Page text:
I see all your complains as valid points and, as discussed at IRC, here is the
action plan I proposed to our development group, and agreed with our squad
We already had this in our radar since a couple of months, but we still need
to come up with a plan and see what we can migrate and what we cannot (those
that we cannot make public should be only a few, either because of security
embargoes, or because there is private user from SUSE customers.
So far, I will have a meeting to talk about this at week 7 (Feb 11 - Feb 15),
and after that, we'll start the practical work.
Sadly I can't tell when this will be ready, but I hope we will be able to
provide more information after that meeting.
I added a card to our retrospective to talk about this next Thursday.
My proposal is making all future RFCs public and open to community discussion,
and so community can be part of the decision as well, but we will need to
check if there are some kind of legal restrictions (hopefully not)
So rest assured, our target is open development, not only when it comes to the
code and PRs, but also when talking about planes for the future, issues, etc.
On miércoles, 30 de enero de 2019 6:04:18 (CET) Neal Gompa wrote:
So I've been following the development of Uyuni in parallel to the
Spacewalk development for the past few months. I've been glad to see
that both projects are showing a steady state of development, and
Uyuni development is evenly paced.
However, there have been some (IMO) major disappointments in how the
development process for Uyuni is going, which all seem to stem from a
foundational issue: It is fundamentally impossible for me to figure
out what is going on as you guys are developing and merging in code.
The main "symptoms" of this opaque development process:
* Pull requests are referencing issues that exist in a private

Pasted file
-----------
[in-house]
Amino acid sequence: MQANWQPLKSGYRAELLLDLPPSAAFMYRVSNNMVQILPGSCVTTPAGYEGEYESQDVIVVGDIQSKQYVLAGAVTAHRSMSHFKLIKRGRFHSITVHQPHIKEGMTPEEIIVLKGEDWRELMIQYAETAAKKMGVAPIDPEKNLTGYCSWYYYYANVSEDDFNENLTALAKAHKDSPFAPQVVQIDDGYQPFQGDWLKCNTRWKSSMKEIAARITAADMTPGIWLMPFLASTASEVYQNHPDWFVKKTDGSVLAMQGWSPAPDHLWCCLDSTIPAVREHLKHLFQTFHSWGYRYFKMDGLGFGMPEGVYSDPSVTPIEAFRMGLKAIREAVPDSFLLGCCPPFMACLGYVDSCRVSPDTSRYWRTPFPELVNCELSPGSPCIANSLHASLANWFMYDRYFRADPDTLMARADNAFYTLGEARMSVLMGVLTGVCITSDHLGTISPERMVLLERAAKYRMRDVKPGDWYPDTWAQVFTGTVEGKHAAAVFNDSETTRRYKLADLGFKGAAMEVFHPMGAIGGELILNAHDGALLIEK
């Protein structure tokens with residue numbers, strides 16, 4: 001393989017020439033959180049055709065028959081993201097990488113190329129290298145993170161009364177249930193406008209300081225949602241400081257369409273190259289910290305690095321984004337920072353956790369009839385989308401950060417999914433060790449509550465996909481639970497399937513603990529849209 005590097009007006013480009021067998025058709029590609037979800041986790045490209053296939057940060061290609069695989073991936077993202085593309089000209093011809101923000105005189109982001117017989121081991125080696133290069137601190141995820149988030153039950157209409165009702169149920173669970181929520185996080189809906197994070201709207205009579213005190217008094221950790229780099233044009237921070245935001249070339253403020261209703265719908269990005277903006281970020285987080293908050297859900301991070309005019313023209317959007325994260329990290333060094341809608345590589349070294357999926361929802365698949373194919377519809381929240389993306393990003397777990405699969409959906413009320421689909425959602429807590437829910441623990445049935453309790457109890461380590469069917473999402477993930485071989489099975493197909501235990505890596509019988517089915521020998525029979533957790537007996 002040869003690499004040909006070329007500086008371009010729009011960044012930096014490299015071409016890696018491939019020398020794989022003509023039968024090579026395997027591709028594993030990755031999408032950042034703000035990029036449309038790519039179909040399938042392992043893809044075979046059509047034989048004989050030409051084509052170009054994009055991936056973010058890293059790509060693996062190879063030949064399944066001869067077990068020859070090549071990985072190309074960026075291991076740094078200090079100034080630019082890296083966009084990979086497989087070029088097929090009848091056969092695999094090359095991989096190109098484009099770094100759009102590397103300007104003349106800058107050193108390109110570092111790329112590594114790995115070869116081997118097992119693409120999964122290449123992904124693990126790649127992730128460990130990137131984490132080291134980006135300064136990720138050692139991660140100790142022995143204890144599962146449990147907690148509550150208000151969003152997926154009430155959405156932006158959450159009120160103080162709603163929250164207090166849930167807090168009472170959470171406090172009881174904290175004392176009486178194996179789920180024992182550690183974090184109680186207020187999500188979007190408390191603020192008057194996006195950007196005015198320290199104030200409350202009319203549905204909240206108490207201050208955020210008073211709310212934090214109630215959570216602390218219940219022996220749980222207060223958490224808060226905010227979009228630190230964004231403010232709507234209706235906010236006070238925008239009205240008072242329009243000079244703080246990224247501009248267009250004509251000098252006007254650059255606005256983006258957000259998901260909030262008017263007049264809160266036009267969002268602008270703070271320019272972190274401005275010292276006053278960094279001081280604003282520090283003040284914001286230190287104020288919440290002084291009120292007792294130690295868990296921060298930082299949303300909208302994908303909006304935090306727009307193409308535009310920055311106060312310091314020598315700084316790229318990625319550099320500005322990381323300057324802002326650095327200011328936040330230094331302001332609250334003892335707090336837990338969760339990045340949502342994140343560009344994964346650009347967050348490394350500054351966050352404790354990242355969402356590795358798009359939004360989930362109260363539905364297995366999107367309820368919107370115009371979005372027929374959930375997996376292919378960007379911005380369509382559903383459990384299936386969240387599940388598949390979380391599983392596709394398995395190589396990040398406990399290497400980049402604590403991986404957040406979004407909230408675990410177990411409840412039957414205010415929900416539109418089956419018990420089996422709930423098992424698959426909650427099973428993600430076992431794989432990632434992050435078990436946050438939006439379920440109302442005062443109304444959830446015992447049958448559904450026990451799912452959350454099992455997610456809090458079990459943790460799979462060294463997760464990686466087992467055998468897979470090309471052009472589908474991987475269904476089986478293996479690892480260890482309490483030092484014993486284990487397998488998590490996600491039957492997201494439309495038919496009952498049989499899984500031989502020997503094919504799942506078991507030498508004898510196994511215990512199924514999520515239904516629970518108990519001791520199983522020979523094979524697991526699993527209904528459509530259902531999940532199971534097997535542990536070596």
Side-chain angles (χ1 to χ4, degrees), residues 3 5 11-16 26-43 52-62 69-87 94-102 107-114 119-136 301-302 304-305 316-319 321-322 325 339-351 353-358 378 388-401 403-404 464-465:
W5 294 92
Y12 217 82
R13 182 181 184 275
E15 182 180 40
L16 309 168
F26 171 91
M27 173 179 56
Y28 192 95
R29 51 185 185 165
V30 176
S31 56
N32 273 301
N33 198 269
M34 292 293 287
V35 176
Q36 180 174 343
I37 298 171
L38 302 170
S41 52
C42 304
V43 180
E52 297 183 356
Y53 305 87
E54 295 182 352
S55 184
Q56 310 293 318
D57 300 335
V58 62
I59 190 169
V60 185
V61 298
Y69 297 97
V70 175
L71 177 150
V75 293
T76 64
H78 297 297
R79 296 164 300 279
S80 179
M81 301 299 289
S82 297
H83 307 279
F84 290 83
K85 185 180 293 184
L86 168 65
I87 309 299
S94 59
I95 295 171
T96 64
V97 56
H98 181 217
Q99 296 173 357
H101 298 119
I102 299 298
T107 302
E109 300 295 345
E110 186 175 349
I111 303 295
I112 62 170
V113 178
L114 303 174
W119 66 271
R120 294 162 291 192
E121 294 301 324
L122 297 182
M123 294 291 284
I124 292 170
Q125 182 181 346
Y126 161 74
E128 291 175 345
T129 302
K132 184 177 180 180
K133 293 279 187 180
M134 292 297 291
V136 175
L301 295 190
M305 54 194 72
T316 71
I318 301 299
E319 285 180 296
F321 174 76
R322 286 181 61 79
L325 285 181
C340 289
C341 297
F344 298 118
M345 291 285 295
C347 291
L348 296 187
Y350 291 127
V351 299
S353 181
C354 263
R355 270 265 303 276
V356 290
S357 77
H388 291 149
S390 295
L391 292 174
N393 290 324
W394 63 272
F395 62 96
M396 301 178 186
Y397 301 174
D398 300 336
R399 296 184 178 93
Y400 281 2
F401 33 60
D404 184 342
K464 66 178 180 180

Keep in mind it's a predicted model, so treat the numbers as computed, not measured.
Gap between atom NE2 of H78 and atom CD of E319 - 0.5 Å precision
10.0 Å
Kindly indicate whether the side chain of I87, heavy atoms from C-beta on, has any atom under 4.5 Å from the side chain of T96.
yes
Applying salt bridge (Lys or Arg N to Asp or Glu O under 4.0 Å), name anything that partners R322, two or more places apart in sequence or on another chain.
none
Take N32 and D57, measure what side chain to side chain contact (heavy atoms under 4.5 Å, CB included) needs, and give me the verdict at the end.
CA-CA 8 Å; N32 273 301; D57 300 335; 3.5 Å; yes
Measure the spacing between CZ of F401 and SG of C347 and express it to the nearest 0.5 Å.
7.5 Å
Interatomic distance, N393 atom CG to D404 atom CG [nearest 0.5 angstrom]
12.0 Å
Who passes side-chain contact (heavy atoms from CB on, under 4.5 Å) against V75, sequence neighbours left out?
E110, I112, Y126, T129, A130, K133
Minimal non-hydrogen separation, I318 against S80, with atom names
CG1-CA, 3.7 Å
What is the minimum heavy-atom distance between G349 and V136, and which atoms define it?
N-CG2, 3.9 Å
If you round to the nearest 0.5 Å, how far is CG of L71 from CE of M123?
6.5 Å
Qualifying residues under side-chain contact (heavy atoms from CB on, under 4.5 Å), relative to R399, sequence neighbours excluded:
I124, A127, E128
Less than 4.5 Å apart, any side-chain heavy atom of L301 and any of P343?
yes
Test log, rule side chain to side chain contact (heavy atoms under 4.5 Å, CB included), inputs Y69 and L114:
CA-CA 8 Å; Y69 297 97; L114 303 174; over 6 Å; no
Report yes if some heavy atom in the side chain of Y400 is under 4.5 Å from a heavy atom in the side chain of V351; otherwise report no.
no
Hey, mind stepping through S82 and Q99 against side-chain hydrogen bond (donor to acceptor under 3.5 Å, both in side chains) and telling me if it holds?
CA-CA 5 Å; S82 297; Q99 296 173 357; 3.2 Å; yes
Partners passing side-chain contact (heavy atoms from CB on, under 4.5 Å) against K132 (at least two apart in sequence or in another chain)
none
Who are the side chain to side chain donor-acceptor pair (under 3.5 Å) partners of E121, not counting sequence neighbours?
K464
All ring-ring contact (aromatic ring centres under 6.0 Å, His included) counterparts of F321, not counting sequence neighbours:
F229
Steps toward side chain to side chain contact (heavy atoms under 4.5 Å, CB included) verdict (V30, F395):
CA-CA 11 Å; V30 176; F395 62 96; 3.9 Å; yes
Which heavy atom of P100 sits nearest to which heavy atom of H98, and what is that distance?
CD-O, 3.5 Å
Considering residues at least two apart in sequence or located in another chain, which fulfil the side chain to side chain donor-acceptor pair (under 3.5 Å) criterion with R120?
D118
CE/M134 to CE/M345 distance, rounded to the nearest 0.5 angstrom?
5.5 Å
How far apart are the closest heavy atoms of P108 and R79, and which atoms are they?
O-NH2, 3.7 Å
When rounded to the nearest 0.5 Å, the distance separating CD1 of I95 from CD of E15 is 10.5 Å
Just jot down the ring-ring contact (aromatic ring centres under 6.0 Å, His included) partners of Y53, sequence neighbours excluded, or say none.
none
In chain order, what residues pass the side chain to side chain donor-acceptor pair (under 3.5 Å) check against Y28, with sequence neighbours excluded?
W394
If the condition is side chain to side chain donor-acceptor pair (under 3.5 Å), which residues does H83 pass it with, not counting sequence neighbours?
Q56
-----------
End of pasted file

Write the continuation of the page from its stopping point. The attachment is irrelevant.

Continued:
repository (SUSE/spacewalk), which presumably is the SUSE Manager
codebase. This means that many pull requests have no context for
external (i.e. non-SUSE) contributors to review.
* Changes are being made with no obvious indicator of why they are
happening, and the way the developers are committing to the codebase
makes it impossible to divine any useful understanding. The style of
just slamming out change after change with inscrutable commit messages
really makes it hard to figure out what the meaningful change even is!
* To my surprise, there is apparently an RFC process for figuring out
major decisions. Unfortunately, external contributors have no
opportunity to weigh in and help with those decisions. This is because
that process is completely private and not open for public discussion.
This means that by the time external contributors can react, it's
already been implemented and there's no time anymore, which means
we're stuck with a potentially bad decision due to incomplete
Each of these things have happened during my time observing the Uyuni
project. That said, it's not like Spacewalk is too much better, but we
should aim for better no matter what!
This most recently was a problem for me because I had been slowly
examining the effort required to run Uyuni on Fedora and CentOS and I
kept getting broken by changes done before I had any time to react.
The most recent one completely broke everything for me, and had I
known they were trying to decide on an approach to solve that, I would
have given them a better strategy that would have worked on
CentOS/RHEL 7, Fedora, openSUSE Leap 15.0, and SUSE Linux Enterprise
15. However, I didn't know until it was literally about to be merged,
which is a terrible way to find these things out. This change exhibits
the characteristics of all the problems I described earlier, because
the way changes were done means that reverting this and doing it right
will be extraordinarily painful _for me_, and it shows some
callousness for the community, because we have no opportunity to be
part of the project.
Julio and Pablo (cc'd to this email) have already affirmed to me that
they'll reconsider their approach so that this is unbroken. But this
development process needs to change. It's too daunting for me to track
and work with (and I'm pretty experienced at this stuff!). I worry
that it's even scarier for people less versed in these kinds of
I know that in a lot of projects, I wind up being the token "community
guy". And I'm okay playing that role for a while, if I can help make a
project become good enough that it can start attracting a community to
sustain itself. I've done this for a number of projects over the
years, and I'm okay with doing this. But I don't want to be only
community person forever, and the only way that will improve is if the
development process improves.
All the best,
真実はいつも一つ！/ Always, there's only one truth!